Did I do the right thing? Did I just make things worse? Will she become a tour guide, nurse, or singer like she dreams? What if my life had been like this? Where would I be? Why do I get to go back to an air-conditioned hotel with wifi when her home has dirt floors and no running water? Why do I keep talking to strangers? How did her house still stand in the earthquake? Did she lose anyone she knew? How do I tell this story? Can I? Continue reading “The Story I Can’t Tell”

Call for Submissions: Traveling While [Insert Identity Here]

On you are (queer) here, I’ve written regularly about my experiences traveling as a gender non-conforming person–from getting hassled in bathrooms to figuring out how to pack a packer to having long, philosophical conversations with hotel staff who also don’t “fit in.” What I’ve learned is that having a non-normative or marginalized identity can be tough while traveling, but it can also bring conversations and enriching experiences that I’d never imagined. However, I recognize that my experiences as a queer, gender non-conforming traveler are also impacted by my other identities–race, class, education level, ethnicity, nationality, ability, etc.
In an effort to broaden the scope and intersectional lens of you are (queer) here, I’d like to hear from others about their experiences of “traveling while ____.” What identity categories have the biggest impact on you when you travel? What would you like others to know about how those identities affect your travel, whether it’s having to think about more things in advance or having to make distinct decisions about where (and where not) to visit? In what ways have your assumptions about “traveling while ____” been proven wrong?
I’d like to select several stories from those submitted and put them together in a piece or two–time and space permitting. And I’d also be interested in offering guest blog spots to a few folks who have longer stories to tell (and are, perhaps, more experienced writers/storytellers). In the survey below, you’ll have options for submitting a brief story and/or a pitch for a guest post. And though I don’t have the funds to pay contributors right now, I’d be happy to feature your website/blog/etc. in promotional materials!
I’d love to hear your stories and amplify the voices of diverse travelers around the globe–so let me know what you think via the link below (deadline March 31)! I look forward to hearing from you!

An Avalanche of Love: Thoughts on an Impending Inauguration

As Trump’s inauguration looms ahead of us, I feel a shadow cast over my friends’ Facebook walls and a palpable fear in our conversations.

One friend is trans and fears they won’t be able to afford (or be offered) trans-related healthcare with the repeal of the Affordable Care Act (ACA).

Another is a freelancer who said the ACA allowed her to be insured for the first time since she was a teenager (she’s in her 30s now). She’s worried her asthma will once again disqualify her from coverage, as it was considered a “pre-existing condition” before Obamacare.

Another friend suffers from depression that is compounded by the uncertainty of life as an LGBTQ person in Trump’s America–and the potential discrimination they might encounter.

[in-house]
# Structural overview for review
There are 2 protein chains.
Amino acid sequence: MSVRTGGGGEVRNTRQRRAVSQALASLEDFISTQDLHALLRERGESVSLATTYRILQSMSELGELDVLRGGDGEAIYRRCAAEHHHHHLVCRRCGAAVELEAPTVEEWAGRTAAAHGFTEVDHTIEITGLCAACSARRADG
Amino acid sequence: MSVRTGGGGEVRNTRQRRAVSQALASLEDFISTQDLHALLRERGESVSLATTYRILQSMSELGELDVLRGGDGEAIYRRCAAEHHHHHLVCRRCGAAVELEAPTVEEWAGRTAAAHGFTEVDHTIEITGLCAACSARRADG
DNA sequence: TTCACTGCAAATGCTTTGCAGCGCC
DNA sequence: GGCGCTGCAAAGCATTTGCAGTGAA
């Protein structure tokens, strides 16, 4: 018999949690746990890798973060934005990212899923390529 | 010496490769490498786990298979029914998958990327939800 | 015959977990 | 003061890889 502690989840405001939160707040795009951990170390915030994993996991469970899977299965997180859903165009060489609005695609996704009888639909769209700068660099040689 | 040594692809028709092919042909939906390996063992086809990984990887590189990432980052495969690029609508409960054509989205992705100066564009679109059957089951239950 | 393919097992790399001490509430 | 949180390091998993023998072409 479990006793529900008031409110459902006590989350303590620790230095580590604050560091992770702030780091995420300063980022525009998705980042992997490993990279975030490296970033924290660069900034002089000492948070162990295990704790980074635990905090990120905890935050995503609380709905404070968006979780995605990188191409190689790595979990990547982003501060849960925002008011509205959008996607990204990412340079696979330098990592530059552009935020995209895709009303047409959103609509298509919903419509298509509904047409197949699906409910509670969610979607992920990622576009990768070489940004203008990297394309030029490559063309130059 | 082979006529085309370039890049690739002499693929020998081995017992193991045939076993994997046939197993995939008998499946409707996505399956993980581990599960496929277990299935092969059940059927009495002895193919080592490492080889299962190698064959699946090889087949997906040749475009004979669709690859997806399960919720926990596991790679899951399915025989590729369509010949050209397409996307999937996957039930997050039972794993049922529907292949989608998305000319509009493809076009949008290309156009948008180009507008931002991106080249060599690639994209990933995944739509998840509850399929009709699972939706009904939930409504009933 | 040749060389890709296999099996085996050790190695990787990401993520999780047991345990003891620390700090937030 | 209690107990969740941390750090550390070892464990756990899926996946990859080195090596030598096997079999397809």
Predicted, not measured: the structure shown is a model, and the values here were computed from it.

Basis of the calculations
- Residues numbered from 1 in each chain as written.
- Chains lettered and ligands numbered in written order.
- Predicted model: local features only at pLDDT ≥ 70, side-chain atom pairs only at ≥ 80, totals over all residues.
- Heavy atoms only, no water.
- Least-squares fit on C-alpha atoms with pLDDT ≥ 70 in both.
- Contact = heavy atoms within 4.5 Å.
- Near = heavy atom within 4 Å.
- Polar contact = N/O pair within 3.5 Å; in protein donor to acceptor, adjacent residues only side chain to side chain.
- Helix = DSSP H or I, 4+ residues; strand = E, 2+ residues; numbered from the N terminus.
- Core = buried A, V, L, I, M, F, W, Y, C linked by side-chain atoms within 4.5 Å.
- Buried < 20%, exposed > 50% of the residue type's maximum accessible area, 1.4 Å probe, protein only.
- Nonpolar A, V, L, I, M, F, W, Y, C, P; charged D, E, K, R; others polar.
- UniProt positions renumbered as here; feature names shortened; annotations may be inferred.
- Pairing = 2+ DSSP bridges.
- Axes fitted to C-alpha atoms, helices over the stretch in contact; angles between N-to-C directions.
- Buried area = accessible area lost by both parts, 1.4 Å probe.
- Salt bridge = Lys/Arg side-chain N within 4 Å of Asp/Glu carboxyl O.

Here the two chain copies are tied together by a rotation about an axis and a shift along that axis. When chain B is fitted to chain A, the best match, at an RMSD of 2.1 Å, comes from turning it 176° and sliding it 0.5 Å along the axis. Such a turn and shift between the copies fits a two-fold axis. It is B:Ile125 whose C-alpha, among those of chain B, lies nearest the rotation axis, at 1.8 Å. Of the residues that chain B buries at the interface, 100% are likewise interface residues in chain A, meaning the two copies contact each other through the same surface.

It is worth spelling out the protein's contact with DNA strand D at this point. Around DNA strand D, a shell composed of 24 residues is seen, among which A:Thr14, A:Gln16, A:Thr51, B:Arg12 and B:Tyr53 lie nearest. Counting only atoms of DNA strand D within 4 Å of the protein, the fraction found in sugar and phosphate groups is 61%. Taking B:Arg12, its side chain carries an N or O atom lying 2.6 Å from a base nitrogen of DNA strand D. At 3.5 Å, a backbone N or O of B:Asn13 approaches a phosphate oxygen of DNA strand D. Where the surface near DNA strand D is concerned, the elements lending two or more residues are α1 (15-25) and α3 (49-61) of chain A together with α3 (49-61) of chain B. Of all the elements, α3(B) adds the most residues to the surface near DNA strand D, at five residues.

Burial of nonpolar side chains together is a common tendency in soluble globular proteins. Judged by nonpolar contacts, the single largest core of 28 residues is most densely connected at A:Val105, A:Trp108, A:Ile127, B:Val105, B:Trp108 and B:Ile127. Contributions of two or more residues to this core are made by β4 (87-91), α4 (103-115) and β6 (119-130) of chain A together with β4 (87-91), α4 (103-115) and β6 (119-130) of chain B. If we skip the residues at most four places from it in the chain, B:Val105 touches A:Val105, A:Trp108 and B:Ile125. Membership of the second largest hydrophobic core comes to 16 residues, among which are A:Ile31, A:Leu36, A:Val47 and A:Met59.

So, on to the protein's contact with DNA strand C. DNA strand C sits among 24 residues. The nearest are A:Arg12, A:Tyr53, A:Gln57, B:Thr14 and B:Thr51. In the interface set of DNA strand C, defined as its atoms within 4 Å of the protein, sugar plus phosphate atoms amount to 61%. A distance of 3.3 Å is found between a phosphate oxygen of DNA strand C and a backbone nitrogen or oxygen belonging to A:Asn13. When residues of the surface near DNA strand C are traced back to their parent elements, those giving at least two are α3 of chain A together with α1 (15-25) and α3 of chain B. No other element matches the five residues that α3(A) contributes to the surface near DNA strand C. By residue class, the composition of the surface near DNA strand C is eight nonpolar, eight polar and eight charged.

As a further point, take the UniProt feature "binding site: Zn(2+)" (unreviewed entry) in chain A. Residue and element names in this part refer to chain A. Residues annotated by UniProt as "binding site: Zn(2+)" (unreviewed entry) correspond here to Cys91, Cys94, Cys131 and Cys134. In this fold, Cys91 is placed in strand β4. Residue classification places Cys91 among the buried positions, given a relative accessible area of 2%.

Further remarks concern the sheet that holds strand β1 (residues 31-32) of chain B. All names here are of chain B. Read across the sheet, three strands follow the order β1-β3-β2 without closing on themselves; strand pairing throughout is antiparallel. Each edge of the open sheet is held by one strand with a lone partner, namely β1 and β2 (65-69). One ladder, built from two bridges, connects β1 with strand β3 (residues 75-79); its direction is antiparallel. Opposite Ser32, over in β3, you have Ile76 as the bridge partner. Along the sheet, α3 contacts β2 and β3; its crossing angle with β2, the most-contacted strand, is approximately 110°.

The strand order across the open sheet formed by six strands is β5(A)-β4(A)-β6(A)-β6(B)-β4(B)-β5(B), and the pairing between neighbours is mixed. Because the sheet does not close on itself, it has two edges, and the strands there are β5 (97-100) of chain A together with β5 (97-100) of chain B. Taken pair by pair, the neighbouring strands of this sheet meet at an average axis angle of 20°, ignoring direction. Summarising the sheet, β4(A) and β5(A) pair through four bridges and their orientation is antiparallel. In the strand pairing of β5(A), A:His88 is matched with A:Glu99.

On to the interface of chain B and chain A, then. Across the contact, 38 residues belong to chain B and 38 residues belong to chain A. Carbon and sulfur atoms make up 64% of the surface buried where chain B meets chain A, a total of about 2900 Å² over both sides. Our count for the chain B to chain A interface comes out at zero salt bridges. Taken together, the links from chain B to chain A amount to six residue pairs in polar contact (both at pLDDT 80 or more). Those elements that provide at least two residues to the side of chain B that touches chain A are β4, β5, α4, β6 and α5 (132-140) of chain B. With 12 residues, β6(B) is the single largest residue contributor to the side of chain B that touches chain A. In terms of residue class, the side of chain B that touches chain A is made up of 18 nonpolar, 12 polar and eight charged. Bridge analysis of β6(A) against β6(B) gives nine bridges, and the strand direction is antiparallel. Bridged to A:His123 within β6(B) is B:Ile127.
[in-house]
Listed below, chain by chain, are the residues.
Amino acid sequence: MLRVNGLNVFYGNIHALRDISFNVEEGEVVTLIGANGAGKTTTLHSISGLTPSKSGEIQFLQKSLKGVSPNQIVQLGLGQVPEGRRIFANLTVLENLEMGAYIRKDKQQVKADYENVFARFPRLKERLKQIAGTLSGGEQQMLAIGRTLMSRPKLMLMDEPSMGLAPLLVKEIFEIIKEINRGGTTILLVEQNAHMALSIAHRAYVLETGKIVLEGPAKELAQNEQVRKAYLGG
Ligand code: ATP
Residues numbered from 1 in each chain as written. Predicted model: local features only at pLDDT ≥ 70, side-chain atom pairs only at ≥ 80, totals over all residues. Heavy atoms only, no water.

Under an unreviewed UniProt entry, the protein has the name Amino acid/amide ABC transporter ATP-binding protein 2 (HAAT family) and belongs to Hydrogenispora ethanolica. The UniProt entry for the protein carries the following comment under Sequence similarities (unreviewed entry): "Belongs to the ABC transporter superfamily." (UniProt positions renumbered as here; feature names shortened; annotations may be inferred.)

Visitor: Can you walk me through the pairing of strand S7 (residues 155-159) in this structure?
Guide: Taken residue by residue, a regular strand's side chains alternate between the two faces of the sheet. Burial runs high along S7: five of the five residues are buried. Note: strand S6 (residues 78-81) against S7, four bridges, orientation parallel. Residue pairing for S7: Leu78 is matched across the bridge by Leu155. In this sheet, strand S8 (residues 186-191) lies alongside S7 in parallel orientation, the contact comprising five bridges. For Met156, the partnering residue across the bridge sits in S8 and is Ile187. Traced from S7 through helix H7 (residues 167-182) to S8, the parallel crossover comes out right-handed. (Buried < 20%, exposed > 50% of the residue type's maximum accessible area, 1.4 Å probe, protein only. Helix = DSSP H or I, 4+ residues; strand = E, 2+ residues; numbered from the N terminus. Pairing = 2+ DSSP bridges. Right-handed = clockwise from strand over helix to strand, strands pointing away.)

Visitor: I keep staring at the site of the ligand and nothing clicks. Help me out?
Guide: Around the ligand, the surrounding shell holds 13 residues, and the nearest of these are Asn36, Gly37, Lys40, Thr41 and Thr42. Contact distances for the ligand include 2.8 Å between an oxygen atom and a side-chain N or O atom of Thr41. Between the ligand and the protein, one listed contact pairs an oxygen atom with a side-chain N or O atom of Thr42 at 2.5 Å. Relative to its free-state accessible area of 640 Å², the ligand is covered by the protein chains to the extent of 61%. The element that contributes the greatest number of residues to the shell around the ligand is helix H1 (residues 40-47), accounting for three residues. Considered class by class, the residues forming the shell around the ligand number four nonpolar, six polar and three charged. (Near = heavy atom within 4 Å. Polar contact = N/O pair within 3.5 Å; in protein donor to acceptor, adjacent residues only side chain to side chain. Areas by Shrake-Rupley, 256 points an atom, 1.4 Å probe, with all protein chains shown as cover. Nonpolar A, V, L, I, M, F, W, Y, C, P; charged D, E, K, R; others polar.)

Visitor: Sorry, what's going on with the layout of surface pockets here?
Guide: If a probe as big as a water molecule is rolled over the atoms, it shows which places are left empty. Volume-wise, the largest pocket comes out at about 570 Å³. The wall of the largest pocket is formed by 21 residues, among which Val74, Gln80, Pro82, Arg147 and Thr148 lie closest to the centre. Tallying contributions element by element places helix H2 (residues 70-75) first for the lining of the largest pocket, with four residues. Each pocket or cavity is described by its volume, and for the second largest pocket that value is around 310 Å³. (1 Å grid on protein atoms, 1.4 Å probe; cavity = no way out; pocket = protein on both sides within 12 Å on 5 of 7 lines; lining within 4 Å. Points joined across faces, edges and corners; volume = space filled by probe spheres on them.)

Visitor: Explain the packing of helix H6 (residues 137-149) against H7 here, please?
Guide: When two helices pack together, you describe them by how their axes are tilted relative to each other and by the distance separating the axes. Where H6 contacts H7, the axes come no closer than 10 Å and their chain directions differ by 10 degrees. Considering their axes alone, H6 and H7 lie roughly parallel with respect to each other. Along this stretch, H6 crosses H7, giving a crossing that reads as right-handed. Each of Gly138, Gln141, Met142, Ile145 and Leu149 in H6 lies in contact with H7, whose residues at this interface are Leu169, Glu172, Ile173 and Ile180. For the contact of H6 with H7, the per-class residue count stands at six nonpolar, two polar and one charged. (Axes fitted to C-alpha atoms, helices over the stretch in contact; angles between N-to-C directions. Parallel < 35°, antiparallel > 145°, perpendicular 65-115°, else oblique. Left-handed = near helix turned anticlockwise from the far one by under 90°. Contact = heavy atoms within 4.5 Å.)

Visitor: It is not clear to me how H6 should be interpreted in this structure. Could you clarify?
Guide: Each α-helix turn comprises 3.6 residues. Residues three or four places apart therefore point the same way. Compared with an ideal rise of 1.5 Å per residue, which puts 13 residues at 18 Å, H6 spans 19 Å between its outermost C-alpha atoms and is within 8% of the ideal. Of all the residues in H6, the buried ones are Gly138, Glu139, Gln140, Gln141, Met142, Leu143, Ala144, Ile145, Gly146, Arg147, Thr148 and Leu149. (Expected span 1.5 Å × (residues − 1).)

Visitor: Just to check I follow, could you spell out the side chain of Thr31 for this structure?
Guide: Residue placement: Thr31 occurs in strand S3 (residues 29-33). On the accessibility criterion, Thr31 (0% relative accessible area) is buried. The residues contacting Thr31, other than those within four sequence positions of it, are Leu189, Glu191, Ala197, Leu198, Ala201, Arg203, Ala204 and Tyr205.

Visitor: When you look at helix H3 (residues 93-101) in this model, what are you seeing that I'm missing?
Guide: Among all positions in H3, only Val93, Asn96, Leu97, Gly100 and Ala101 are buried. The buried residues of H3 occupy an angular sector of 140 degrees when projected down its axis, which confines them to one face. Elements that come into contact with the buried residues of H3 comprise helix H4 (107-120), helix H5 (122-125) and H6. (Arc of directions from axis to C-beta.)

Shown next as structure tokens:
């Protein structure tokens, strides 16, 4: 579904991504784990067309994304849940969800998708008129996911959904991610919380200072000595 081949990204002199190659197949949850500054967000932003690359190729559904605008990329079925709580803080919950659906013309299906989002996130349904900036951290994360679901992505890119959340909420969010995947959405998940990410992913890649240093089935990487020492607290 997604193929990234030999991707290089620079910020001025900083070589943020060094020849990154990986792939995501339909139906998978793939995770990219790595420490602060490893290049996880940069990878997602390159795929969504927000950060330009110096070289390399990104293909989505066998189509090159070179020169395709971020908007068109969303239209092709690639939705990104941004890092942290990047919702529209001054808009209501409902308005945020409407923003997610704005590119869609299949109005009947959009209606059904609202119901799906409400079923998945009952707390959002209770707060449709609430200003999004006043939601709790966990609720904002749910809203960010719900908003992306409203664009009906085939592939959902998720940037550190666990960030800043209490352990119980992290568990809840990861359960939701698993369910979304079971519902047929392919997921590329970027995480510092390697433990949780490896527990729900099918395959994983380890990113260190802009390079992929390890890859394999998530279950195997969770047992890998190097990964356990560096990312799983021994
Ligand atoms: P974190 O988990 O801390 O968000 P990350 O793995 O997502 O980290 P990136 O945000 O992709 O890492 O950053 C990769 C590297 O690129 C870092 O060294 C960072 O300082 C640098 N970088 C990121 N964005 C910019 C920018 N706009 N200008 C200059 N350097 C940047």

Still another works with LGBTQ youth in the South and said she’s received more hateful comments on her organization’s Facebook page in the last few months than she has in years.

“Why would grown men pick on kids?” she asked.

Yet, that is the standard that Trump is bringing to his new vision of the United States. Our next president, who uses Twitter to bully teenagers and pick on everyday citizens. Continue reading “An Avalanche of Love: Thoughts on an Impending Inauguration”

The Traveling Bookshelf: Five Books to Read on Race

As a writer, one of my favorite things to do is to read. All throughout my journey, and especially after the election, I’ve been trying to pull together books that will help me see the world in a broader light and make me a more empathetic human and effective advocate.

Here are five books that have been on my shelf the last couple months. Hope you might enjoy (and learn from) them as much as I did!

Building a Movement to End the New Jim Crow: An Organizing Guide (Daniel Hunter)

njc-coverAfter the election, I felt pretty powerless in terms of how to respond and also realized I needed to learn more about engaging with the racial justice movement and integrating anti-racism work into my other advocacy. This book was a great primer for me regarding work being done to end the prison industrial complex (and its inherent racism) as well as an awesome guide for movement-building in general. I recommend it for anyone working in advocacy and activism and for all my non-profit sector friends. Find out more online here. (Available on Kindle for only $0.99USD!) Continue reading “The Traveling Bookshelf: Five Books to Read on Race”

An Open Letter to My Friends Who Voted for Trump

For any of you who have read my fiction, you know I don’t like telling linear stories.

I’ve struggled with this while writing this blog, as I’ve felt compelled to break my travel narratives up into blog-sized bites. To make storylines that make sense. An arc across India and Asia.

But my timeline has been disrupted by events beyond my control. And besides, time never moves in a straight line anyway, and neither do my stories. There is always some piece of the past that makes itself known, some dream of the future.

I am writing this in a tea house in Myanmar. I will go to Vietnam soon.

I still have so many stories to tell you—from India, Korea, Nepal. Those will come, I promise.

But just not now.

Trump’s election and the ensuing fear and grief I (and my community) felt have derailed me. I’ve spent hours on social media, sharing together, raging together, trying to understand, to educate, to advocate while still loving all humanity. Still trying to bridge the divides among us.

I don’t always know how to do so while still speaking out against the violent oppression that is happening. I don’t know how to explain to you how the leaders Trump has drawn together to aid in his transition and potentially lead his administration scare me just as much—if not more—than Trump himself. Continue reading “An Open Letter to My Friends Who Voted for Trump”